Living Off The Grid

What to Expect While Living the Life of Ultimate Freedom and Tranquility

Non-Fiction - Self Help
137 Pages
Reviewed on 01/08/2019
Buy on Amazon

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    Book Review

Reviewed by Java Davis for Readers' Favorite

Gary Collins wrote Living Off The Grid to bring people down to earth to the realities of living with less, making sacrifices, choosing your priorities wisely, and having a bucket of cash because buying into this lifestyle is not cheap. Very sensibly, he suggests buying a small RV, or at the very least renting one to live in while your off-grid home is built. Water is a top priority. By my estimation, Gary spent about $30,000 to sink his well. He was lucky enough to hit water on the first drilling. If he’d had to drill a second well, it would have cost that much again. Setting up a means of sustainable electricity is next. Gary provides a kilowatt formula for figuring out how much electricity you will be using and then adding, hopefully, two forms of electrical power to reach your kilowatt goal. Dishwasher? Hot water? TV? Computer? Refrigerator? Stove? You can provide yourself with as many amenities as you like, but you’ll have to power them, and you’ll have to pay initial fees to get them. Solar panels cost money and require maintenance and enough light to capture the necessary power. Can you afford to add some form of wind power? Not many people will live near enough to a stream to adapt some hydroelectricity.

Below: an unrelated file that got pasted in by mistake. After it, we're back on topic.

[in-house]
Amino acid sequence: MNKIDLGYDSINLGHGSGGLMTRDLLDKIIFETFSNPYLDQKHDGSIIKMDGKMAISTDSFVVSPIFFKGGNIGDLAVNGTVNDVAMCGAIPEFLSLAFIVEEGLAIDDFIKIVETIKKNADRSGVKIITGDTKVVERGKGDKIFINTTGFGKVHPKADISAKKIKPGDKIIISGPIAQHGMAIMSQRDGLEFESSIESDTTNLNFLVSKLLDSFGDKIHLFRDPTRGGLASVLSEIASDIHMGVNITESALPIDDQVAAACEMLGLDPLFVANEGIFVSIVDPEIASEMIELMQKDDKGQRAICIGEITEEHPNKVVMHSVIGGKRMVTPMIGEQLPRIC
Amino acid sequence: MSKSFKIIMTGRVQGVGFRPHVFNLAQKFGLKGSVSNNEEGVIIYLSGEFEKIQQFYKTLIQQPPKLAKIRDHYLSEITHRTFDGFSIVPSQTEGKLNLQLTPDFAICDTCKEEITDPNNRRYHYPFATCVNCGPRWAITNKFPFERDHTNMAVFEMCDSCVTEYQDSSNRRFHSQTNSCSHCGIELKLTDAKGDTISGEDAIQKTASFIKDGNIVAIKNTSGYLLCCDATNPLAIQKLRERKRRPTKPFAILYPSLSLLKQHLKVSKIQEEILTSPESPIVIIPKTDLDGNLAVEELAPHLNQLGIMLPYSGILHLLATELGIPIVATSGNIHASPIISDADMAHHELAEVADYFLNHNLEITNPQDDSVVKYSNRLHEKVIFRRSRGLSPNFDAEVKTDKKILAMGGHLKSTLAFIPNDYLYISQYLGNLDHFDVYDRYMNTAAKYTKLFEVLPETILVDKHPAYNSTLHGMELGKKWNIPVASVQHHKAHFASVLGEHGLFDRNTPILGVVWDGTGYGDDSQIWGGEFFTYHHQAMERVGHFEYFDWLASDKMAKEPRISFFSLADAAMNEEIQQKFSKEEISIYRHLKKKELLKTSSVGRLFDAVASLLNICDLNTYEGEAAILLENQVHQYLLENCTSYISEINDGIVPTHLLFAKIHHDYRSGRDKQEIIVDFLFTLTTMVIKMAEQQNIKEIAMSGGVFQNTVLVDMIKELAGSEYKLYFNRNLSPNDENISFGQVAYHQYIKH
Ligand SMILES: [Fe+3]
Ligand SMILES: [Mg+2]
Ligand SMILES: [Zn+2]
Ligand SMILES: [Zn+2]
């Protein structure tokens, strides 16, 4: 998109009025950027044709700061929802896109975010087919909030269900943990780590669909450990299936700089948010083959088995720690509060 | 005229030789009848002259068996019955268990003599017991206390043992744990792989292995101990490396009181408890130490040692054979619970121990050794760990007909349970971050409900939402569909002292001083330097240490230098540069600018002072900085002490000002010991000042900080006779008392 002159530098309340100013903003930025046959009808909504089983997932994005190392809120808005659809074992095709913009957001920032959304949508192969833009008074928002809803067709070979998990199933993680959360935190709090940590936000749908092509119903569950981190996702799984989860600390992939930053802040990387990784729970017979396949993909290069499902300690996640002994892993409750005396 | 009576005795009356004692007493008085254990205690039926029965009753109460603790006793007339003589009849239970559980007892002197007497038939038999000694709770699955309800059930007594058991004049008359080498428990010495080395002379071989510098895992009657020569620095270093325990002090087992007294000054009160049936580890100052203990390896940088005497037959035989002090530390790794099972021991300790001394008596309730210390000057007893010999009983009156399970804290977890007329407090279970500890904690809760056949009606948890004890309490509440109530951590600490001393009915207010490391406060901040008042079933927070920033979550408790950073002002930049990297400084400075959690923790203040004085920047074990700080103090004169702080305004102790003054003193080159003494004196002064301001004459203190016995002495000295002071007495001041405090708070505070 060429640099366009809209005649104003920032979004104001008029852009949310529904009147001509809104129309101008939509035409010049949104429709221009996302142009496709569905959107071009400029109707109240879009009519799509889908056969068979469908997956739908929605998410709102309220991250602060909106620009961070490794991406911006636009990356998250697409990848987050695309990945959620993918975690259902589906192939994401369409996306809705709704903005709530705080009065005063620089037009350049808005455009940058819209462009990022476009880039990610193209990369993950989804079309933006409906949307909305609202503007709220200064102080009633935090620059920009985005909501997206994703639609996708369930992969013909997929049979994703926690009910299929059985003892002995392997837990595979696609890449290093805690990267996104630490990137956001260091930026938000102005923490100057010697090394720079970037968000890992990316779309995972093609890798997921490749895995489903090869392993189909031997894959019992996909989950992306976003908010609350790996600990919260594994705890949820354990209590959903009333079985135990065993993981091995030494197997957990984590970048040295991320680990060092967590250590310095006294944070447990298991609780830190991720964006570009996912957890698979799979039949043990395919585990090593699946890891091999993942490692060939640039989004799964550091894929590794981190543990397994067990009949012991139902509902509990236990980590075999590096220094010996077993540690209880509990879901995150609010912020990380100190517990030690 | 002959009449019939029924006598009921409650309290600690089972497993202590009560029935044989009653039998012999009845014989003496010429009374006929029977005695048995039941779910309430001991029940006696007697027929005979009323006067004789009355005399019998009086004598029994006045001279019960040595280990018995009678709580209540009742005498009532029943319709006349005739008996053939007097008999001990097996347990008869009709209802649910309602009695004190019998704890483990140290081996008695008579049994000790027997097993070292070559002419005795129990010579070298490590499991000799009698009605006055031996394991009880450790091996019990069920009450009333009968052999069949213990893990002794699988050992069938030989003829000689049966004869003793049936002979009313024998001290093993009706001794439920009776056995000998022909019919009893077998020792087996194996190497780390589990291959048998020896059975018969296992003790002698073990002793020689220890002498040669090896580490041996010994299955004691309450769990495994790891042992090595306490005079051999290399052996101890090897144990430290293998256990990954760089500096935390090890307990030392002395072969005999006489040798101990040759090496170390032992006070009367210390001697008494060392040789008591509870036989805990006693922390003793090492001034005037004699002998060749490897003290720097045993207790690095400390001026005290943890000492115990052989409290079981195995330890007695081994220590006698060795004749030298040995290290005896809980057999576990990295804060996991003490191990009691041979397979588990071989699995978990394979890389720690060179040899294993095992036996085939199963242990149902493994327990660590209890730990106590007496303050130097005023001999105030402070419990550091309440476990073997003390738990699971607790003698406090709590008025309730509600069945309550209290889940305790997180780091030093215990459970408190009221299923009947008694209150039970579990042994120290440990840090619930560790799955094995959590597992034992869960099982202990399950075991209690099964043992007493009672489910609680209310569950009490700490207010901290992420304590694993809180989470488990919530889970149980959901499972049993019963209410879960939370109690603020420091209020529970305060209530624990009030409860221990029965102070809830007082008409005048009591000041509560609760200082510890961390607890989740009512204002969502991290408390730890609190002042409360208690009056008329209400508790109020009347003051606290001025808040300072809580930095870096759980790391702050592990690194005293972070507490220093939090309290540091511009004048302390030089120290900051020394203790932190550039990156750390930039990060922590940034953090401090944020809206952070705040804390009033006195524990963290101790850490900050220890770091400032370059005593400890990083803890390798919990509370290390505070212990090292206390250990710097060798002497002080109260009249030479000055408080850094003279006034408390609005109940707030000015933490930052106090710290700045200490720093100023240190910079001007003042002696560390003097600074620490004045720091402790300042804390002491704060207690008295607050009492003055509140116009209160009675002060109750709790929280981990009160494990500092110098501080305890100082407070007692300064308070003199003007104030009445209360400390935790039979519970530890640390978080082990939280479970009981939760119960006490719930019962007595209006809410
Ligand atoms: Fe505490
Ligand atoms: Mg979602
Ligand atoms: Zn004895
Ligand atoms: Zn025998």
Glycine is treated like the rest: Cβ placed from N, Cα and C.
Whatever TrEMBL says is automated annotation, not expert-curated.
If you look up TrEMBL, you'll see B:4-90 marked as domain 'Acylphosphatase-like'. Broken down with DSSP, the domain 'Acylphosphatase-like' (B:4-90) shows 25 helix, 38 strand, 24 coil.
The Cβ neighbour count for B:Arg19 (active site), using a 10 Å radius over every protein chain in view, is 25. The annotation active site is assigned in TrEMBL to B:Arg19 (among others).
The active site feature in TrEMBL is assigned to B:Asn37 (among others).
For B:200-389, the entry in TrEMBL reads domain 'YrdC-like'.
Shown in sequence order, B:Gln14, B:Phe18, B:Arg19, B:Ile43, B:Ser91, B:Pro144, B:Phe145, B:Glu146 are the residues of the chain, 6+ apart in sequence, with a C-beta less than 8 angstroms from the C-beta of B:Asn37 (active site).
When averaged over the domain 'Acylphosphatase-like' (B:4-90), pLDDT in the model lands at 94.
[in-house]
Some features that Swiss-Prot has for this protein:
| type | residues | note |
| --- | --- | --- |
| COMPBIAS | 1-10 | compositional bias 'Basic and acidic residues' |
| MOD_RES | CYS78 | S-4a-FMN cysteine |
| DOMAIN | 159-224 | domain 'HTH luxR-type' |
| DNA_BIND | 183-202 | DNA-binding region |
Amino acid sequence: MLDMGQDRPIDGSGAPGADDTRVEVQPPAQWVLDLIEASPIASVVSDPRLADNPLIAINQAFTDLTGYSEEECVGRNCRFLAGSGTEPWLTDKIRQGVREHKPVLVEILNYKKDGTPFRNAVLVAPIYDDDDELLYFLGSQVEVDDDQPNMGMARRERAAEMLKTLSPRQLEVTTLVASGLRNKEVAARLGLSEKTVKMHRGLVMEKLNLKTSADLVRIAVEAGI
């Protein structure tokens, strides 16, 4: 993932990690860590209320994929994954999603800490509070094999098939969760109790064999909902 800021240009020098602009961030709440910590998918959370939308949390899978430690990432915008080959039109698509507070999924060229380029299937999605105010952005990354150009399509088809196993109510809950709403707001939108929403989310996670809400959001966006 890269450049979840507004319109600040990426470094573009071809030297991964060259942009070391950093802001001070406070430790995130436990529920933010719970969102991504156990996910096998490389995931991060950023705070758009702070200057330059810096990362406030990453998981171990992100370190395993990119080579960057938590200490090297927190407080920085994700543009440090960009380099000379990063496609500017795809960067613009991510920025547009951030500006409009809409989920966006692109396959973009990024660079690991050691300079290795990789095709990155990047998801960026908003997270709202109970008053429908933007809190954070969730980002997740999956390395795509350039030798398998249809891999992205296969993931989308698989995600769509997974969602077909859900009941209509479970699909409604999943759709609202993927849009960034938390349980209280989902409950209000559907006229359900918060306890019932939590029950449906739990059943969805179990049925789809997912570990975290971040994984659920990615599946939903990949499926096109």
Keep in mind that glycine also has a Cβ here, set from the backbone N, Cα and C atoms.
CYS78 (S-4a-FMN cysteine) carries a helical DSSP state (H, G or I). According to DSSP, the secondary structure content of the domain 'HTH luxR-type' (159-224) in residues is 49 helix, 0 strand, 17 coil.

Rugged individualists have an appeal all their own. Gary Collins is devoted to his off-grid way of life. He runs a website about it, writes books about it, and answers people’s questions about it. Living Off The Grid is a follow-up to his first book, Moving Off The Grid. The first book is about making the move, and this second book is a how-to manual for good planning and what to expect. A place to build should be thoughtfully chosen. How far away from people do you want to go? Or how close? Either way, the author suggests that you tap into the off-grid community, as they will understand your lifestyle and be a generous and helpful resource. I have to admit that I was expecting this book to be more about living like a subsistence farmer, hardscrabble farming the land, and following a team of oxen as they pull your manual plow. I was way off. Living Off The Grid is extremely entertaining, informative, and passionate. I enjoyed it very much.